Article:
Question about negative pressure


  #1  
Old 08-03-05, 09:06 AM
hlweyl
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Question about negative pressure

Hi all,

I did a search and read through many threads, but I couldn't find an answer. I recently finished my basement and originally there was only one vent. The finished basement area is not that large so I thought adding only one other vent in the main trunk would suffice. I also talked to a friend of a friend who does HVAC for a living and he said that would be fine but I should consider adding a return down on the floor level so I did that.

I also checked out a neighbor's house who has the same house with a finished basement done originally by the builder and they had 6 vents and I believe 4 returns with the same model furnace that I have.

Here's my question: should I have added the return? There is serious negative pressure in the room now. I know this because when I am walking up the stairs, you can feel serious air pumping in through the basement door(there is a cat door cut in the bottom of it). Even when I seal the return up, there is still some negative pressure.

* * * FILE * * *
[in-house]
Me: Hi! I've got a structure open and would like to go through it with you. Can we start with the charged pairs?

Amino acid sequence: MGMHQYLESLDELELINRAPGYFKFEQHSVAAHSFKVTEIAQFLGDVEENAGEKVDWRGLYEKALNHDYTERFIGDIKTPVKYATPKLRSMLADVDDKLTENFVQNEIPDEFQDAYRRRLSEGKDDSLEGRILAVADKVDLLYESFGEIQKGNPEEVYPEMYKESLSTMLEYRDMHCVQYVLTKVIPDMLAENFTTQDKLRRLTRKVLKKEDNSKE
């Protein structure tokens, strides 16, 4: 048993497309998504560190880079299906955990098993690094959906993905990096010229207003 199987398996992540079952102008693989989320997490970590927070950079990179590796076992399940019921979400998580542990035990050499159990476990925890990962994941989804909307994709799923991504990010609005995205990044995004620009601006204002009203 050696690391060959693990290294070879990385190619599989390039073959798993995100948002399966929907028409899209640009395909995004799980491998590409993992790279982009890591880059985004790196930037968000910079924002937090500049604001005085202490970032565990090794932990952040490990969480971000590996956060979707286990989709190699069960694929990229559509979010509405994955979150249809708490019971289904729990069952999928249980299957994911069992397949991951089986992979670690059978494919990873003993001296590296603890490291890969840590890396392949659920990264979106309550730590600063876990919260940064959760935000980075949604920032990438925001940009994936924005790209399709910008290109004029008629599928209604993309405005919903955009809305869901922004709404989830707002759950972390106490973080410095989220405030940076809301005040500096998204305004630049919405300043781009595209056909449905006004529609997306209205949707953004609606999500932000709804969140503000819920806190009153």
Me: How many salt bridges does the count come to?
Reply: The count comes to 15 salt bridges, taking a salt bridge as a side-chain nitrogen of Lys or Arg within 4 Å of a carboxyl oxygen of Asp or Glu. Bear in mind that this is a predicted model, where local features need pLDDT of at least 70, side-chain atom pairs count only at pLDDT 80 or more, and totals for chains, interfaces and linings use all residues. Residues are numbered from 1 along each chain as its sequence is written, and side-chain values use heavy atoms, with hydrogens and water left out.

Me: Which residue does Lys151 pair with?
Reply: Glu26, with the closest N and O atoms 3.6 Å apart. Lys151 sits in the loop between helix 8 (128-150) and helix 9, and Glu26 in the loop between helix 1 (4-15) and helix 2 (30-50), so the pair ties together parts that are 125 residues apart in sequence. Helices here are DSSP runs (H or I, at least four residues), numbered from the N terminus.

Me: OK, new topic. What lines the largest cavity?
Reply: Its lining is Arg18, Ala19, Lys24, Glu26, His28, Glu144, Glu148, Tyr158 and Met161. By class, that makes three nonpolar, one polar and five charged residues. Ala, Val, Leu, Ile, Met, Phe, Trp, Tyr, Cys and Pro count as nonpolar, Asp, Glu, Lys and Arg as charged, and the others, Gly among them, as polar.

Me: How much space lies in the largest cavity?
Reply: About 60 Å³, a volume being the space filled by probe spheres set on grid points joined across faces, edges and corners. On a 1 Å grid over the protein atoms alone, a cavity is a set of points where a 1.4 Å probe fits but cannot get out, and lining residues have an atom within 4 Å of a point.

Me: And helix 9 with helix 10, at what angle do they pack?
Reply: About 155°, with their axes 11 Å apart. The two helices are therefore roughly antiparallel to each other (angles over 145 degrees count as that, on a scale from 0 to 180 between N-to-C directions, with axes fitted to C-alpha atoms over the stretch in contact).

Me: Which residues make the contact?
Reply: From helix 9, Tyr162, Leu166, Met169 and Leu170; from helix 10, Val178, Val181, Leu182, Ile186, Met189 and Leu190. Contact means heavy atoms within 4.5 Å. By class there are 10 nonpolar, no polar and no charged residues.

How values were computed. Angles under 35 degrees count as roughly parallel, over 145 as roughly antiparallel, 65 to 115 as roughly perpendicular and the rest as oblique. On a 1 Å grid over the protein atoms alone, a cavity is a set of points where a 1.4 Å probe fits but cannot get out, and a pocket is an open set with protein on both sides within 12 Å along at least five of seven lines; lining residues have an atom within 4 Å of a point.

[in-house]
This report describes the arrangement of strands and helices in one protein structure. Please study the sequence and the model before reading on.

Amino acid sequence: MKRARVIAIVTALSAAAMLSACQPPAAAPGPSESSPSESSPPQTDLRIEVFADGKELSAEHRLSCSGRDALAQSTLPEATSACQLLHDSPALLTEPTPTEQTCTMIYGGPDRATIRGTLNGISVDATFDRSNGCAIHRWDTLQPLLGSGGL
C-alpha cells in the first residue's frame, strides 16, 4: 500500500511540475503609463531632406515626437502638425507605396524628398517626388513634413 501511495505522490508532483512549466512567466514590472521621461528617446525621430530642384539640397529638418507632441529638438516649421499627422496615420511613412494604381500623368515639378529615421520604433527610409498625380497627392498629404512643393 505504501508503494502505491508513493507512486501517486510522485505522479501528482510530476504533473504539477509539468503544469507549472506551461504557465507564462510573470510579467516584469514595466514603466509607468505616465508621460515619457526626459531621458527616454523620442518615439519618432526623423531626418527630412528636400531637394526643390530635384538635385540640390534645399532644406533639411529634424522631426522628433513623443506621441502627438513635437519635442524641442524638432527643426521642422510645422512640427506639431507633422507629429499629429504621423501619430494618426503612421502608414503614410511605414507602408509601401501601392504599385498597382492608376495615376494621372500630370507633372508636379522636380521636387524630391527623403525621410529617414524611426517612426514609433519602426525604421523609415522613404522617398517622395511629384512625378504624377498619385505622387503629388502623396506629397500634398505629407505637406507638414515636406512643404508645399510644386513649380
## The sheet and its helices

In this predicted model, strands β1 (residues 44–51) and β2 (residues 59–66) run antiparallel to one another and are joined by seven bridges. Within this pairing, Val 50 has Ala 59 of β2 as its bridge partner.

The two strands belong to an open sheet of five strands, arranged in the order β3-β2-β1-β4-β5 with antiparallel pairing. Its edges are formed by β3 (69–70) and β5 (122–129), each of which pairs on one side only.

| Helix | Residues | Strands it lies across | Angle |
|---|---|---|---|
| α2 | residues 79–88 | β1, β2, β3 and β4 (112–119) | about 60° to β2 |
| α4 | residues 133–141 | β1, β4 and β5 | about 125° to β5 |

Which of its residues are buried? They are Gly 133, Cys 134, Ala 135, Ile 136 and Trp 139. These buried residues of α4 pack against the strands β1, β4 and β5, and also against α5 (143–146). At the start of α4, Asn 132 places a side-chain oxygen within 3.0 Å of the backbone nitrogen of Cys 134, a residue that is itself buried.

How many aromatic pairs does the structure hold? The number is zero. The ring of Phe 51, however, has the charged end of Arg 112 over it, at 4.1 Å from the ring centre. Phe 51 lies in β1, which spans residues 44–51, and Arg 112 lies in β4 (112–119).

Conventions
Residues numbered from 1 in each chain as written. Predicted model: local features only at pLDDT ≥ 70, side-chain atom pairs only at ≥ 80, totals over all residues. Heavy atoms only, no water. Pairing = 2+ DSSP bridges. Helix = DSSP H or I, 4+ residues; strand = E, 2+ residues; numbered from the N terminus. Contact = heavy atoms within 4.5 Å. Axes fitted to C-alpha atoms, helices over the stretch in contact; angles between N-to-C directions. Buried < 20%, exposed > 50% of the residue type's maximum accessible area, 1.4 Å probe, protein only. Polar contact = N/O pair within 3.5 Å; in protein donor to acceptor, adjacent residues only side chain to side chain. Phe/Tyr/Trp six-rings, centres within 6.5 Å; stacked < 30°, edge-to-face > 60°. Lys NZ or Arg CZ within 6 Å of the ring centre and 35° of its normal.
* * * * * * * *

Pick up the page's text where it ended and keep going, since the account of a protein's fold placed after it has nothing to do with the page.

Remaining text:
I heard this can be dangerous because the negative pressure can such carbon monoxide through the gas vent pipe on the hot water heater. Should I be worried about this?

Thanks in advance
 
  #2  
Old 08-03-05, 10:44 AM
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I'd check the return duct in the basement and see if there holes that was missed to tie into a return for a room upstairs.. I've found this a couple of times in the past where someone forgot to the panning for returns.

Also check end of the return runs to see if caps were put on. and joints are joined together.
 
  #3  
Old 08-04-05, 01:20 PM
hlweyl
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I checked and all the returns from the two floors above are connected. Is this negative pressure condition normal or dangerous?

Thanks
 
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Old 08-04-05, 01:57 PM
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I don't think it's normal to have that much draw if you already don't have returns down there.. It's leaking somewhere... Best test to do is take a match and put it next to the vent hood that ties the water heater and/or furnace and see if your match blows out or smoke sucks up the hood.
 
  #5  
Old 08-04-05, 07:28 PM
hlweyl
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I put some smoke next to the hot water heater's vent and it was sucked up easily. Now I know that vent doesn't run full time but I'm assuming it is doing it's job when it's on.

So I guess I will leave the basement return sealed up at this point.
 
 

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